What is the Digital Operational Resilience Act (DORA)?
Explore the Digital Operational Resilience Act (DORA) and its significance for EU financial institutions. Dive into the five compliance pillars and learn how Weaveworks can assist in meeting DORA's requirements.
In the rapidly evolving digital finance landscape, the European Union has taken a proactive step to ensure the robustness and reliability of information and communication technology (ICT) systems. The Digital Operational Resilience Act (DORA) was officially enacted on 16 January 2023 and will become applicable starting 17 January 2025, giving organizations a two-year window to align their practices. This legislation mandates EU organizations, financial entities, and third-party collaborators to enhance their ICT risk management frameworks.
This article will shed light on the DORA Act, its significance to the financial sector, the five pillars for compliance, and more. Let’s jump in.
What is DORA?
The Digital Operational Resilience Act, commonly referred to as DORA (Regulation (EU) 2022/2554), is a European Union regulation designed to enhance the resilience of the financial sector against information and communication technology (ICT) risks. Instituted as part of the EU Commission's digital financial package in January 2023, its primary objective is to fortify the EU's financial institutions against potential ICT disruptions, ensuring continuous and reliable operations even in challenging scenarios.
Before DORA, financial institutions managed operational risks predominantly through capital allocation. This approach, however, did not encompass all aspects of operational resilience, particularly those related to ICT. DORA fills this void by introducing stringent rules that institutions must follow. These include protocols for protecting, detecting, containing, recovering, and repairing ICT-related incidents. The regulation emphasizes five key pillars: ICT risk management, incident reporting, operational resilience testing, and third-party ICT risk monitoring.
Which Organizations are Affected by DORA?
The DORA ACT casts a wide net, impacting various financial entities and ICT service providers operating within the European Union. With over 22,000 such entities within the EU, and even more outside of it, understanding the breadth of its application is crucial.
Financial Institutions Affected by DORA:
- Banks and Credit Institutions: Traditional banking institutions and credit agencies.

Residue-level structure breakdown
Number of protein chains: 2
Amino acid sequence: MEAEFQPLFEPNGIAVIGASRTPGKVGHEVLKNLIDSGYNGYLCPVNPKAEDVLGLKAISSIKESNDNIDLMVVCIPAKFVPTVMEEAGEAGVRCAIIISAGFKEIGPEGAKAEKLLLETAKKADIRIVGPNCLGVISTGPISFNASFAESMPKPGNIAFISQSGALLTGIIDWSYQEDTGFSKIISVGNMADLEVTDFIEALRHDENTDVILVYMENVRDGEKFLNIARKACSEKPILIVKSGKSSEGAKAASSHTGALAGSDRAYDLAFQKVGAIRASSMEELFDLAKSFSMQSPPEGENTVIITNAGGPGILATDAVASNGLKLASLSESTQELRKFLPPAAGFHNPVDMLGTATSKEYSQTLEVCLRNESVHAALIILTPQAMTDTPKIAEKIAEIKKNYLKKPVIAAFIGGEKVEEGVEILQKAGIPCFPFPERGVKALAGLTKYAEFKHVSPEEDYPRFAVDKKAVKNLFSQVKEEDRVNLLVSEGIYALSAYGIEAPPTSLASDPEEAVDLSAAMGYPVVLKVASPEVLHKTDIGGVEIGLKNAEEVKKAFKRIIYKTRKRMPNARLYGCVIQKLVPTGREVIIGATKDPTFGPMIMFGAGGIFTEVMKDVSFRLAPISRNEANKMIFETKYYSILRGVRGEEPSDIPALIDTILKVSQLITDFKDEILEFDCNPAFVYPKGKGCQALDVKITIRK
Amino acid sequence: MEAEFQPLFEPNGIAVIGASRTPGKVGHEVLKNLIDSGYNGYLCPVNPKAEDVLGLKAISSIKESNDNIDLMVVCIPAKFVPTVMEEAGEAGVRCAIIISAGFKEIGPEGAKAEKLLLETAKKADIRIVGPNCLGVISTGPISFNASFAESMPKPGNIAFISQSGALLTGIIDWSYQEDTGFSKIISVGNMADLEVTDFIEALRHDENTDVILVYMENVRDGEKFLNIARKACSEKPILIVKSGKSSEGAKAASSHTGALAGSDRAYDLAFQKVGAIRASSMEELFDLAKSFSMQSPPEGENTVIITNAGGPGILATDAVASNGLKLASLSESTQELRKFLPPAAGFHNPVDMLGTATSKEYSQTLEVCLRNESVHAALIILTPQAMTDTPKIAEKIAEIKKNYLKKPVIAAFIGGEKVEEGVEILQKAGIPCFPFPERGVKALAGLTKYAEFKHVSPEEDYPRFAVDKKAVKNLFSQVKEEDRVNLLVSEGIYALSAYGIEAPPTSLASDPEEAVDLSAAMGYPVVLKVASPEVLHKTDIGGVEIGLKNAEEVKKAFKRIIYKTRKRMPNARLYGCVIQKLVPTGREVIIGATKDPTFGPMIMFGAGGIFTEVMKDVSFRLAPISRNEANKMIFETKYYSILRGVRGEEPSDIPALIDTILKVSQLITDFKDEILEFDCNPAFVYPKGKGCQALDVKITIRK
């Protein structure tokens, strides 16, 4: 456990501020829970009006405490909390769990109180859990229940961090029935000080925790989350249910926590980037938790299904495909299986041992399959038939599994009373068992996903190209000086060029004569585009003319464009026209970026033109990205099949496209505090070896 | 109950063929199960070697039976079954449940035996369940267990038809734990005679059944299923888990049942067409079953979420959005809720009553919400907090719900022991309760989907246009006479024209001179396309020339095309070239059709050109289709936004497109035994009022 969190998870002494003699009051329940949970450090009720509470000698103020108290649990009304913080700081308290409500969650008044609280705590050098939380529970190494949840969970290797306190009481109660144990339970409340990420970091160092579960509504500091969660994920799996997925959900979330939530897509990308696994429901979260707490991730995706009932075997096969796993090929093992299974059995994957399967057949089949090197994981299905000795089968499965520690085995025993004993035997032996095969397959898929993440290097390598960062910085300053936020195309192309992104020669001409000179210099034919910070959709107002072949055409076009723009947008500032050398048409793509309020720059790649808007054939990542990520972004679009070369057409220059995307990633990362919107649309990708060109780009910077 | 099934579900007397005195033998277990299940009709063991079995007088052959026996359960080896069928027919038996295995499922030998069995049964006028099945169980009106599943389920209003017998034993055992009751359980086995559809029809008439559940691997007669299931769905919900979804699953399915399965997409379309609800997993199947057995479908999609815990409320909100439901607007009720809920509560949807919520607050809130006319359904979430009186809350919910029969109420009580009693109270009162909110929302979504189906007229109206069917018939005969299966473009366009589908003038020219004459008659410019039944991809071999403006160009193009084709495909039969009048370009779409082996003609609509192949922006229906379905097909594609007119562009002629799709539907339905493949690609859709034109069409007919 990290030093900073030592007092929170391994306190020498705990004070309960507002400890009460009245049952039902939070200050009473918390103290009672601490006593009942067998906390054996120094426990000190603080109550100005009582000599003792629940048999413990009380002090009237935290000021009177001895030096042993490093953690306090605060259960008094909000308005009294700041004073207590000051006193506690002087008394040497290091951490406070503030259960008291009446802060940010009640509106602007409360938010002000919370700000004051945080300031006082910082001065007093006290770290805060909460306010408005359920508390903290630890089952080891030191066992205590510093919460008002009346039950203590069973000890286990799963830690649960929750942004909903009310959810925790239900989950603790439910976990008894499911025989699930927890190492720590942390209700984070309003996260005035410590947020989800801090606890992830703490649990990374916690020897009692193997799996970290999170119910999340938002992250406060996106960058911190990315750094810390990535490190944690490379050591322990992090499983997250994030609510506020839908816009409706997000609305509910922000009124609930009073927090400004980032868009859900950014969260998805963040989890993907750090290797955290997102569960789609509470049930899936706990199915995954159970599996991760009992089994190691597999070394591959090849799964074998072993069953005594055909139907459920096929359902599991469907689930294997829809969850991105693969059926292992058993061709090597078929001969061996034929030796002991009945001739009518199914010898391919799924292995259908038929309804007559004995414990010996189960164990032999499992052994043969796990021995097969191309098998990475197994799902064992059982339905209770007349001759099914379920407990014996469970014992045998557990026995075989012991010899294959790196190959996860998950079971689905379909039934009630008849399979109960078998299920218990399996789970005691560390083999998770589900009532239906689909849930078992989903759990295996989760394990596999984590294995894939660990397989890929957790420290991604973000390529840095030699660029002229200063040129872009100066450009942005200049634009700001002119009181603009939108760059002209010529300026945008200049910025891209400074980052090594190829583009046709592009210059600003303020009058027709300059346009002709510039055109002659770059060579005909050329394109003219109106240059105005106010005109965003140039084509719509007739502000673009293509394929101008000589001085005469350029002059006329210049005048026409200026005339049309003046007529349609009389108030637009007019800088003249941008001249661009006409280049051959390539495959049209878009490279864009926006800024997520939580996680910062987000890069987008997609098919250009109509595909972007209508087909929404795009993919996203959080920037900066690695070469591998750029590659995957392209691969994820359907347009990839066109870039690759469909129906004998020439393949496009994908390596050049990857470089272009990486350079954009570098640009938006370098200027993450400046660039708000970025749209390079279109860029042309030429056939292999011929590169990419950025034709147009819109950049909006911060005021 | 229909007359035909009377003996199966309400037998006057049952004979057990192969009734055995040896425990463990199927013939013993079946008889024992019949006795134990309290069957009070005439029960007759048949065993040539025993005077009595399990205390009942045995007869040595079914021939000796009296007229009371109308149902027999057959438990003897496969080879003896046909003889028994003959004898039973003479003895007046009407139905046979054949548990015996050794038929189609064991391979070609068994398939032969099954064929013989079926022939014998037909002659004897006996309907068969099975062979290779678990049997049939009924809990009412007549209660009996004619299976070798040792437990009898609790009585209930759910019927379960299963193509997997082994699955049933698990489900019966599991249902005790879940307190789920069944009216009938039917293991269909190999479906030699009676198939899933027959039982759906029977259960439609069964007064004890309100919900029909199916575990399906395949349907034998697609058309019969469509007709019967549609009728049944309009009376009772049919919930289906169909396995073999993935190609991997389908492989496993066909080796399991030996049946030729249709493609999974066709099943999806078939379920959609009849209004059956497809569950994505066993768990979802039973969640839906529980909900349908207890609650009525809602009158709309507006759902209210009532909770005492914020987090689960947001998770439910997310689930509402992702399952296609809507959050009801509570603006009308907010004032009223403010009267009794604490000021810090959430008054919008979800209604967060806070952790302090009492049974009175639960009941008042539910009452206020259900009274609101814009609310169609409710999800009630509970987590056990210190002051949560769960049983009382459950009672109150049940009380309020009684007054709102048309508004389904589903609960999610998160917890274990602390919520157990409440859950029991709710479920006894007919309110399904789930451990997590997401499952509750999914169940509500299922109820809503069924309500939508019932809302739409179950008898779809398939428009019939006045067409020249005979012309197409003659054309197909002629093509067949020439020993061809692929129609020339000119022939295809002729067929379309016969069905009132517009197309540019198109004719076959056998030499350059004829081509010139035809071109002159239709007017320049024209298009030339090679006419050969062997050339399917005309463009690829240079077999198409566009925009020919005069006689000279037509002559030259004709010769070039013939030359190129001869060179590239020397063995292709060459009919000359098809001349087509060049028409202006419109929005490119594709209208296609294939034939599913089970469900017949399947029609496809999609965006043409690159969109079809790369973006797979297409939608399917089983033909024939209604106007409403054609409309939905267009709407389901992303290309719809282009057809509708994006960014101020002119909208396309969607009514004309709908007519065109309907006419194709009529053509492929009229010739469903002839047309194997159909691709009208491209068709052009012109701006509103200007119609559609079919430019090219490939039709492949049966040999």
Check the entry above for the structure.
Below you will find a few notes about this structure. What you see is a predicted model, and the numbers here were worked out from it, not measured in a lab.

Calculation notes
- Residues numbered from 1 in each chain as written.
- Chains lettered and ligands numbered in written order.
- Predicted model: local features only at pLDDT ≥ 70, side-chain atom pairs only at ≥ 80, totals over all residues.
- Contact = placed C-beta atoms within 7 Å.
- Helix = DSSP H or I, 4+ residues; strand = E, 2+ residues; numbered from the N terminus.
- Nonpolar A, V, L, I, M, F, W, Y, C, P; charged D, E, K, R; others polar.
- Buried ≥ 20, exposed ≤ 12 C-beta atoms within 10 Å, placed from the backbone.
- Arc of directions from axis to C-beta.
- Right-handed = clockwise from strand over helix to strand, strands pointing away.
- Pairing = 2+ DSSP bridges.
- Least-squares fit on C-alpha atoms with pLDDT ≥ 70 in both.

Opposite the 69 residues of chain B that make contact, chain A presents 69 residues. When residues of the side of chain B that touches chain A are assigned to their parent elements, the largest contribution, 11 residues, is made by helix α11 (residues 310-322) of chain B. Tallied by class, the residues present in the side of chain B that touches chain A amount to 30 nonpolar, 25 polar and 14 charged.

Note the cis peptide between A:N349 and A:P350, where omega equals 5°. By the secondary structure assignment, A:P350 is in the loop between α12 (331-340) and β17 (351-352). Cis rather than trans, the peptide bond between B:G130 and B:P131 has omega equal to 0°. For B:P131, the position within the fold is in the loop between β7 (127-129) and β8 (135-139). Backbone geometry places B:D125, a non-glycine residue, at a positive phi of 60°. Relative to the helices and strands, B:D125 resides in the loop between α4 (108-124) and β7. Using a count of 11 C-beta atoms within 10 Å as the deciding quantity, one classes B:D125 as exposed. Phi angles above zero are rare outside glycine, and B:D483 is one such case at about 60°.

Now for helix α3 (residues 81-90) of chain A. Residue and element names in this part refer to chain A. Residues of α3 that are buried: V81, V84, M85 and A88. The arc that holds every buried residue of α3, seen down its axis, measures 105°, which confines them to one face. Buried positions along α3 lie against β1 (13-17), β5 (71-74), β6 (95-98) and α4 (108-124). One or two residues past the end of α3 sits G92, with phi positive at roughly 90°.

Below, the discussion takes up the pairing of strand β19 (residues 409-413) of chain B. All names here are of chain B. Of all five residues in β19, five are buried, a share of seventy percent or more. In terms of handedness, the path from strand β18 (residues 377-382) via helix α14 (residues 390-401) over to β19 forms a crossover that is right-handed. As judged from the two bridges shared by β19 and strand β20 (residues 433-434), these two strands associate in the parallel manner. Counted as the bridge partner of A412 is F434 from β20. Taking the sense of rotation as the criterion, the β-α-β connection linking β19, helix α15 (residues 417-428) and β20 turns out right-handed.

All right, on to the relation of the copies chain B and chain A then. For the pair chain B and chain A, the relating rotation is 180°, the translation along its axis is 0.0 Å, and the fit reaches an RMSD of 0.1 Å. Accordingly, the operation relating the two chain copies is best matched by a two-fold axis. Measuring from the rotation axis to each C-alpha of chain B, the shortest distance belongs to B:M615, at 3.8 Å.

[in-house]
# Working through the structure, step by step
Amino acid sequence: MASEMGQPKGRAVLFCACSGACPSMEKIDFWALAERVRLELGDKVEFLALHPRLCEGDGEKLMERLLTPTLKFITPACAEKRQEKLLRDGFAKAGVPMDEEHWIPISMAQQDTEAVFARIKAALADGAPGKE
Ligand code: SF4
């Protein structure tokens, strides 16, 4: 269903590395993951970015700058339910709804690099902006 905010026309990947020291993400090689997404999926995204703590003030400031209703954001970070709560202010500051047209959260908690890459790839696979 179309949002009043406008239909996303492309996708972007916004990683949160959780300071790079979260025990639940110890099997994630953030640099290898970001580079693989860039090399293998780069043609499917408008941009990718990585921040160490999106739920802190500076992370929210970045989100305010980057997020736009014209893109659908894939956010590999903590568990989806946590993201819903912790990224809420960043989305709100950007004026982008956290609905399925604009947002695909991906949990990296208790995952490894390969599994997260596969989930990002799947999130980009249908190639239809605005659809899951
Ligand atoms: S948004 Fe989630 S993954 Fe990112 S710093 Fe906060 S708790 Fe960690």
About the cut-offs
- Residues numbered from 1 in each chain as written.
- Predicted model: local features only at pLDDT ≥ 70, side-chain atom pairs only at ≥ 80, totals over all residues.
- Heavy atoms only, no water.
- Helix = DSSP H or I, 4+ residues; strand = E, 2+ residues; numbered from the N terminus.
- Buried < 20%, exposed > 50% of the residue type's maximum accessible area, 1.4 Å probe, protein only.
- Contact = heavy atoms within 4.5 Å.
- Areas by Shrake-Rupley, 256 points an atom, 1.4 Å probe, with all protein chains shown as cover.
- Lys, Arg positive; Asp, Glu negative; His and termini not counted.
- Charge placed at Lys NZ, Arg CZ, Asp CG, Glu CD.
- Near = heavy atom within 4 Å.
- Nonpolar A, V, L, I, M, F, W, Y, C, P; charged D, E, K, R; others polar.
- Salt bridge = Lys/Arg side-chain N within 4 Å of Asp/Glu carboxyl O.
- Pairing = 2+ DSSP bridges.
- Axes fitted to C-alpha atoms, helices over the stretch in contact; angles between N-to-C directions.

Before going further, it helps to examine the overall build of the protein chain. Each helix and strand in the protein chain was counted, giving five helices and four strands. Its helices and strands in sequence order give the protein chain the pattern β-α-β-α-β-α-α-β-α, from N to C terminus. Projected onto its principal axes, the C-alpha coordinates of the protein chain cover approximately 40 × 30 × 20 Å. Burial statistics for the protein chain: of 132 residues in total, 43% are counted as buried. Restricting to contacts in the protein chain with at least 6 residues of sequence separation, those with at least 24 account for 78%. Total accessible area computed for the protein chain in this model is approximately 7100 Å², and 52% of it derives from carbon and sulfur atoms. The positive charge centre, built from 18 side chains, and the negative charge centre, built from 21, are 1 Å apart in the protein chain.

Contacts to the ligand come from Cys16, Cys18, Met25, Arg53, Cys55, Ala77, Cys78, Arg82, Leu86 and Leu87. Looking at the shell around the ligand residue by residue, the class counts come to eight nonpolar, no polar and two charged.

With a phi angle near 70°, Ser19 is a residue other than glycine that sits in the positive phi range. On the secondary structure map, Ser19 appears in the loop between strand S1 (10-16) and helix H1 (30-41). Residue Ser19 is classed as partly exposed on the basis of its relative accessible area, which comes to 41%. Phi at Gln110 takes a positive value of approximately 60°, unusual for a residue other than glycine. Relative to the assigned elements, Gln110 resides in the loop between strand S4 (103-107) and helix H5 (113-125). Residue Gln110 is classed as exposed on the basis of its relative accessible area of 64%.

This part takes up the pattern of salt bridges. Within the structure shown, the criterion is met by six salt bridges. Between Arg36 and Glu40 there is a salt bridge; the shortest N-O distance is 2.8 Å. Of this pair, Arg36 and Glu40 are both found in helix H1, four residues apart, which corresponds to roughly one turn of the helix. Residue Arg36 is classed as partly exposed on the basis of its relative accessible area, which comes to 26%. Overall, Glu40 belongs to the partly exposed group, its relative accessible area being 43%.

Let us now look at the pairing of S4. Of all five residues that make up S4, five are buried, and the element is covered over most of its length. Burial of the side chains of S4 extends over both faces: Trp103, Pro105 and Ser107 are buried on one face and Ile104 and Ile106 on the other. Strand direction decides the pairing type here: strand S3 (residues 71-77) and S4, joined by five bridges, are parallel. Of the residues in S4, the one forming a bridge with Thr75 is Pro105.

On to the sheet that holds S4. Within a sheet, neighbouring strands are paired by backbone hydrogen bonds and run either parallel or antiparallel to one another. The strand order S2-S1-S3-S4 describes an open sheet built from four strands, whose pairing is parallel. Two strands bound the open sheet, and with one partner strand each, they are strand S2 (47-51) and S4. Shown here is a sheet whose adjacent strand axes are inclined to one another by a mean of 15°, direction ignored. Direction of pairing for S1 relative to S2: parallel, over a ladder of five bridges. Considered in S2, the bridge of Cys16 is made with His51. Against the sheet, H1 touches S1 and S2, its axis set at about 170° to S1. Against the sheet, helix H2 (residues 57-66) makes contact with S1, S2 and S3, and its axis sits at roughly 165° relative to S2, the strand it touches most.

- Payment and E-money Institutions: Entities that handle electronic money transfers and digital payment services.
- Investment-Related Entities: This category includes investment firms, managers of alternative investment funds, and UCITS management companies.
- Crypto-Related Entities: Crypto firms and crypto-asset service providers.
- Insurance and Pension Related: Insurers, pension funds, and intermediaries.
- Other Financial Services: This includes account information service providers, crowdfunding providers, and administrators of critical benchmarks.
ICT Service Providers Impacted by DORA:
The scope of DORA extends beyond traditional financial institutions, encompassing ICT third-party providers that offer both cloud and non-cloud digital services to businesses and consumers within the EU. This covers:
- Digital Service Providers and Operators: Those who supply digital tools as services to both B2B and B2C consumers.
- Domain Name System Providers: Entities managing and distributing domain names.
- Content Delivery Network Providers: Organizations responsible for the distribution of internet content.
- Critical ICT Suppliers: Such as companies managing the networks of financial entities
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The 5 Pillars of DORA
DORA outlines specific criteria for both financial bodies and ICT suppliers in five key areas: governance and ICT risk-management, procedures for incident reporting and response, resilience testing, and management of risks from third parties, and information sharing. While there's an emphasis on information sharing, it's not mandatory. The enforcement of these requirements will be scaled based on the entity's size, ensuring that smaller organizations aren't subjected to the same stringent criteria as their larger counterparts.
The DORA Act has five primary pillars, which are:
#1 ICT Risk-Management
The DORA Act positions ICT risk management at the forefront, holding an organization’s leadership—board members, executives, and senior managers—accountable for its implementation. They are mandated to craft comprehensive ICT risk management strategies, continuously assess risks, and stay updated on the ICT threat landscape. Entities must map out their ICT systems, identify critical assets and functions, and understand the interdependencies.
Additionally, they should conduct regular business impact analyses and set risk tolerance levels to shape their ICT infrastructure. The Act also necessitates the formulation of business continuity and disaster recovery plans for varied cyber risk scenarios, including service disruptions and cyberattacks.
#2: Incident Reporting